Anton Community Newspapers  •  132 East 2nd Street  •  Mineola, NY 11501  •  Phone: 516-747-8282  •  FAX: 516-742-5867
Intended comprare kamagra senza ricetta company.
Attention: open in a new window. PDFPrintE-mail

Nation’s Heroes Honored on D-Day

Mineola Residents Among Those Who Served

There are certain days in American history in which a mere mention of the date is enough to imply the importance of an event. One of those days is June 6, 1944, otherwise known as D-Day. On June 6, 65 years ago, Allied forces stormed the beaches of Normandy, France. Two of the men who were involved in the operation lived in Mineola — Ray Vaz and John DaVanzo.

On June 6, 1944, Vaz, who lives on Hampton Street with his wife Ann, was serving the United States Army’s 359th Infantry unit of the 90th Division. In the morning, he landed with his fellow soldiers on the Utah sector of Normandy beach.

The landing craft Vaz was on stopped short of the beach because of artillery fire. Carrying his equipment, Vaz entered the water and drove forward toward the beach. “We thought we were in a movie. It turned out to be a little different,” Vaz told the Mineola American in 2004.

On the second day of the invasion, Vaz was shot in the leg. He spent a month in a British hospital before returning to action on July 31. Troops advanced further into France and eventually into Germany, encountering danger along the way. At one point, Vaz was knocked out by artillery fire and woke up to find his rifle cut in half and shrapnel in his right arm.

His unit even helped to liberate Buchenwald concentration camp in Germany. It was such a horrible scene, Vaz couldn’t even enter the camp.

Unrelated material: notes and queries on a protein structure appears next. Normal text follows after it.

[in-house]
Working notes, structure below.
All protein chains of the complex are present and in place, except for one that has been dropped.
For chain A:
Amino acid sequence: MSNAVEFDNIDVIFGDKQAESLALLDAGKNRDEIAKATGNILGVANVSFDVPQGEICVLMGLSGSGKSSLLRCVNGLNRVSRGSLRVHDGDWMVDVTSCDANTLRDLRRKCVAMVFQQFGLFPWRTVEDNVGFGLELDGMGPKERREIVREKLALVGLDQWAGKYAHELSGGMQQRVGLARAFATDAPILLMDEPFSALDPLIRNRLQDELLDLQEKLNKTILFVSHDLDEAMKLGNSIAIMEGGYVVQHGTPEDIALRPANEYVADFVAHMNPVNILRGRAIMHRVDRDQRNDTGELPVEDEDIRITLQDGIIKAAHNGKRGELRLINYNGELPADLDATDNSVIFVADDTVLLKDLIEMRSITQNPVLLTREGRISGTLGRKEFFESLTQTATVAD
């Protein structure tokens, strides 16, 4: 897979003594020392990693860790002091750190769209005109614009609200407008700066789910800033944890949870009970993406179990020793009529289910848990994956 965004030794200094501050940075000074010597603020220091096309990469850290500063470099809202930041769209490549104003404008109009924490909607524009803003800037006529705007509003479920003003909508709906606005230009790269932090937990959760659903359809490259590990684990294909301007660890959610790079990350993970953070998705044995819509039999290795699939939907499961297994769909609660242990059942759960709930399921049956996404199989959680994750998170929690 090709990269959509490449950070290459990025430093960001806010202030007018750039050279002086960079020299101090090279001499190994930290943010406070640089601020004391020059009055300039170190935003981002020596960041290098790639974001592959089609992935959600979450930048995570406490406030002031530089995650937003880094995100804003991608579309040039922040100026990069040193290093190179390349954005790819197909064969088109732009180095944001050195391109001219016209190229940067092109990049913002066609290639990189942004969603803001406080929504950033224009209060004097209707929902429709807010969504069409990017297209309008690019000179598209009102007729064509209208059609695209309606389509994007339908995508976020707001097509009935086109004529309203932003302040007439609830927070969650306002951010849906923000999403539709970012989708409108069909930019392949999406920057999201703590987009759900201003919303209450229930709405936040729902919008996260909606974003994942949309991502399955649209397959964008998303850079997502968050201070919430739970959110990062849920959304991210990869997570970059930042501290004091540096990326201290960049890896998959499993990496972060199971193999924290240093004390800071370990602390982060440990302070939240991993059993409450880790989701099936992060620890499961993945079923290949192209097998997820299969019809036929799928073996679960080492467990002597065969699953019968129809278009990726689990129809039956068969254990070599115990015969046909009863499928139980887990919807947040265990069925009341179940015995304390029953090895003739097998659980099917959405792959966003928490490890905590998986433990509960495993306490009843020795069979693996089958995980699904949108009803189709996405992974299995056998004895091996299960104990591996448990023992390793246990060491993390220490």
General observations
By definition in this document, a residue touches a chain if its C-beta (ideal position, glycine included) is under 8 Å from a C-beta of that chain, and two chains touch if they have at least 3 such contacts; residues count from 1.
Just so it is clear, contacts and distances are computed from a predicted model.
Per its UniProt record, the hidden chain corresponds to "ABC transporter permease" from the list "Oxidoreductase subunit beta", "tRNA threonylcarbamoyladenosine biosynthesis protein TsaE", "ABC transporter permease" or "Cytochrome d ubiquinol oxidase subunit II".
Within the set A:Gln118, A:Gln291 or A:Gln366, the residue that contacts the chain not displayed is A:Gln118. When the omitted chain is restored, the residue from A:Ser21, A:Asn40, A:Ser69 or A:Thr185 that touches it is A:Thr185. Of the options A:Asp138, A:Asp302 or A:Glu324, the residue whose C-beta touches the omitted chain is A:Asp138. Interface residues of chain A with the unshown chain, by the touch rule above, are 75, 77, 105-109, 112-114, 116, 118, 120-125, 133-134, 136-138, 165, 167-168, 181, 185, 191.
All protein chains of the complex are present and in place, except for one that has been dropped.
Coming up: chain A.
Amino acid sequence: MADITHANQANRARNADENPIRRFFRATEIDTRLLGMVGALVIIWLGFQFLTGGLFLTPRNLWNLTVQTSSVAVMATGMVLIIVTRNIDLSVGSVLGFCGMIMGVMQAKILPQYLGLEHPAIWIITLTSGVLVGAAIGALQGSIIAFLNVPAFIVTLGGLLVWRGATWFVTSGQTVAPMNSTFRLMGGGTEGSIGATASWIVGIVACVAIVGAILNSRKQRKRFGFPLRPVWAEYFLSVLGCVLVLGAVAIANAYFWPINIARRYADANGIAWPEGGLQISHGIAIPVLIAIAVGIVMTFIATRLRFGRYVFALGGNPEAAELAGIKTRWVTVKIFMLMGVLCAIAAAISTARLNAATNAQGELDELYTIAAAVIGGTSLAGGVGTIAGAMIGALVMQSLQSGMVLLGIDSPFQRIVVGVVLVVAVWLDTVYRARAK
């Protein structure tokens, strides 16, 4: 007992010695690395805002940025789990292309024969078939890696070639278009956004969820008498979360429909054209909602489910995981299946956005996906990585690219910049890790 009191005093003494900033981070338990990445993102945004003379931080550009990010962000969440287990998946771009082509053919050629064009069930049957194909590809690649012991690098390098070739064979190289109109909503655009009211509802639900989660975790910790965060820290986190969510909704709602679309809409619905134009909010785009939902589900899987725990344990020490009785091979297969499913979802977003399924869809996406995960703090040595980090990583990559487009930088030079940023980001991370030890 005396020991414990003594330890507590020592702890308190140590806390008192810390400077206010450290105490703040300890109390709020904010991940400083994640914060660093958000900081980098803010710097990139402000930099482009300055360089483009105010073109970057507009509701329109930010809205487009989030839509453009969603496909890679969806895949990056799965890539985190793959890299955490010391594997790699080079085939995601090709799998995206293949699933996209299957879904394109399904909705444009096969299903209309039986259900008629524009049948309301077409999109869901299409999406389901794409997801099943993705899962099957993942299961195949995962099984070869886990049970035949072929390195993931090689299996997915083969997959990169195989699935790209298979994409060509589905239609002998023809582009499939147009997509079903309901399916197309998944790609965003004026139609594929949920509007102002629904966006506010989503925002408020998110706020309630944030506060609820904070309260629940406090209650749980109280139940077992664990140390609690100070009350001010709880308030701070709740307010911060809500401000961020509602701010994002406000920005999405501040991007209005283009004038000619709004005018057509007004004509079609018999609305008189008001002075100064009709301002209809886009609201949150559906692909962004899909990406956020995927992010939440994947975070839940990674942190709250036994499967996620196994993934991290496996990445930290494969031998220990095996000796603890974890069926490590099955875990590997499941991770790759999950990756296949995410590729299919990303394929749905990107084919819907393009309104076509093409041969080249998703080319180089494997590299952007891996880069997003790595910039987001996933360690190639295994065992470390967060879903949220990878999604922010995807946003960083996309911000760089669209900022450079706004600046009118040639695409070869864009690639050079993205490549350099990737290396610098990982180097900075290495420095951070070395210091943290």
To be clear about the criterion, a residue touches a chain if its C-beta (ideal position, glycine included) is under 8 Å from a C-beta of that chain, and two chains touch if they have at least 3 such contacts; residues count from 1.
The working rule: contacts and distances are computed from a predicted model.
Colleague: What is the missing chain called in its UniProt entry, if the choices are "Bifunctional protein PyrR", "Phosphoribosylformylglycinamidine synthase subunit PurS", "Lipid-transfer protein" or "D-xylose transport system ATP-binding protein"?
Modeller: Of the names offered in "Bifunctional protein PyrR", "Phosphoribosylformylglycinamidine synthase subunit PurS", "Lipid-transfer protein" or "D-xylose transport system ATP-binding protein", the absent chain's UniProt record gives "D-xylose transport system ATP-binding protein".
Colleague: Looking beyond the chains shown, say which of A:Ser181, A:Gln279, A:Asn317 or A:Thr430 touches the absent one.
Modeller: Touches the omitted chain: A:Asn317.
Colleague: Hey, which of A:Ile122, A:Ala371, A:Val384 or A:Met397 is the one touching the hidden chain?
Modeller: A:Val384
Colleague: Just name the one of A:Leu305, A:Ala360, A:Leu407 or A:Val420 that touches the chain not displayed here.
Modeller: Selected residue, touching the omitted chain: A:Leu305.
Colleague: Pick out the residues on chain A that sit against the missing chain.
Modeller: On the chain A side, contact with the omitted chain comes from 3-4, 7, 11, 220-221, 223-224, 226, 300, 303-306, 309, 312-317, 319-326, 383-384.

“At that age, you don’t realize you could die, but I tell you, after the first day I was there, it was completely different,” he said.

Thankfully, Vaz made it home to Mineola, where he lived since he was a baby. He married Ann and the couple had three children – Anthony, Carol and Sue.

DaVanzo was serving in the United States Navy at the time and recovering from an operation from appendicitis. A radio man, DaVanzo was stationed on the USS Glennon, which was providing support for the troops advancing in France. However, on the morning of June 8, the Glennon struck a mine. During efforts to salvage the ship, the Glennon took fire from a German shore battery and then finally sunk on June 10. A total of 25 men died and 38 more were wounded.

DaVanzo and the other survivors were brought to Scotland. He eventually returned home to Mineola. He currently lives in the Birchwood Court complex and is active in many organizations including the fire department and Kiwanis.

The veterans of Mineola have two organizations – the American Legion Mineola Memorial Post #349 and Veteran of Foreign Wars Private Adolph Block Post #1305. These two organizations try their best to make sure the stories and lessons of those who served are not forgotten.

If you have a story about D-Day you would like to share, please contact us by email at This e-mail address is being protected from spambots. You need JavaScript enabled to view it or call 747-8282.


Cap: